Most Americans believe big money donors have too much influence over politics, leading to a dysfunctional government and political decisions that benefit the few, not the many. Recent Supreme Court decisions, like Citizens United, have made the problem worse by ending limits on donations, and further increasing the influence of wealthy donors, large corporations and Super PACs.
After meeting its initial goal of crowdfunding $1 million two weeks ahead of schedule, the Mayday PAC – established by Harvard Law Professor and campaign finance reformer Professor Lawrence Lessig and Republican strategist Mark McKinnon – launched the next phase of its effort by setting a new, ambitious fundraising goal and releasing the names of its matching donors. The Super PAC, whose mission is to lessen the influence of big money in politics by targeting congressional candidates opposed to campaign finance reform, is now seeking to raise $5 million through online crowd-funding over the next 30 days. Mayday PAC aims to use the money it raises to pilot a strategy to win a Congress committed to fundamental reform by 2016.
“The influence of big money over our political process is worse than it’s ever been, and it’s evident from the complete dysfunction in Washington,” said Professor Lawrence Lessig. “Mayday PAC’s success will prove that there are enough people willing to invest in sending Congress the message that it is time for fundamental campaign finance reform.” Mark McKinnon adds, “We want a government that works for all of us, not simply the wealthy who bankroll campaign contributions and Super PACs.”
This new phase of the PAC’s fundraising campaign leverages the building momentum demonstrated by it surpassing its initial goal of raising $1 million in 13 days. That goal was matched by a wide range of technology and Internet innovators, including: Reid Hoffman, co-founder of LinkedIn; Peter Thiel, co-founder of PayPal; Chris Anderson, curator of TED; Brad Burnham, managing partner of Union Square Ventures (funders of Twitter, Kickstarter, and Tumblr among many other projects); Fred Wilson, partner of Union Square Ventures; Joanne Wilson, angel investor, blogger, and co-founder of Women’s Entrepreneurial Festival; and Vin Ryan, founder of Schooner Capital.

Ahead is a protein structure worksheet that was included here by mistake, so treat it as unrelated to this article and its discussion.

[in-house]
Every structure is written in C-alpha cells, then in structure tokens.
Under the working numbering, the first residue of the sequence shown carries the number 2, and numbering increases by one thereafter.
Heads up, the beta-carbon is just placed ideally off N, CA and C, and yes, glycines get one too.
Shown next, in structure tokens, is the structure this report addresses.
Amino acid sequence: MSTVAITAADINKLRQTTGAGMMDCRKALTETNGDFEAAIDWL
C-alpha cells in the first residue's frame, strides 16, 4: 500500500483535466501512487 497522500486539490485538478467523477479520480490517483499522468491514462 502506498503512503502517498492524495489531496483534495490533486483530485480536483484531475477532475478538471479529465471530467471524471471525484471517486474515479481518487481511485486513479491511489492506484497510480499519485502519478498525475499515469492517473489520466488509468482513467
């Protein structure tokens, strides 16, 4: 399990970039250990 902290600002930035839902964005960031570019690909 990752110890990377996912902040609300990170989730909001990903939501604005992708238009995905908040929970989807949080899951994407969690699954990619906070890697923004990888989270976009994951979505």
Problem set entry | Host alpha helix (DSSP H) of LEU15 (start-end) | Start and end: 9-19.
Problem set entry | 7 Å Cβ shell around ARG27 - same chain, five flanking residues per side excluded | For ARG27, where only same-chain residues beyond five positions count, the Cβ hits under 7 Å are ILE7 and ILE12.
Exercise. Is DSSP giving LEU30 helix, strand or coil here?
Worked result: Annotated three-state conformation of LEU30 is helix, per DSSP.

David Milner, CEO of NuGen Capitol, a new energy venture fund, pledged to match the amount raised above the $1 million in the initial drive.
If successful, Mayday PAC would go from inception to a war chest of over $12 million in just 60 days. That money will then fund campaigns in five congressional districts yet to be announced, targeting candidates that oppose campaign finance reform. It is part of a two election cycle plan to hold candidates accountable to voters on the issue of money in politics and win a Congress committed to enacting campaign finance reform by 2016. If successful in the 2014 cycle, the effort would be expanded for the 2016 elections.
This experimental new effort will show that regular people are deeply motivated to demand changes that loosen the grip of big money on politics and government. People “commit” by pledging a contribution anywhere between $5 and $10,000, and their commitment is collected only if the Mayday PAC reaches its fundraising target by its deadline.
Like other Super PACs, Mayday PAC will spend its money independently of any political candidate. Unlike other Super PACs, the names of all contributors above $200 will be reported to the FEC. It will also list the names of large contributors prominently on its website, and will not accept anonymous contributions from groups that hide the identities of their funders.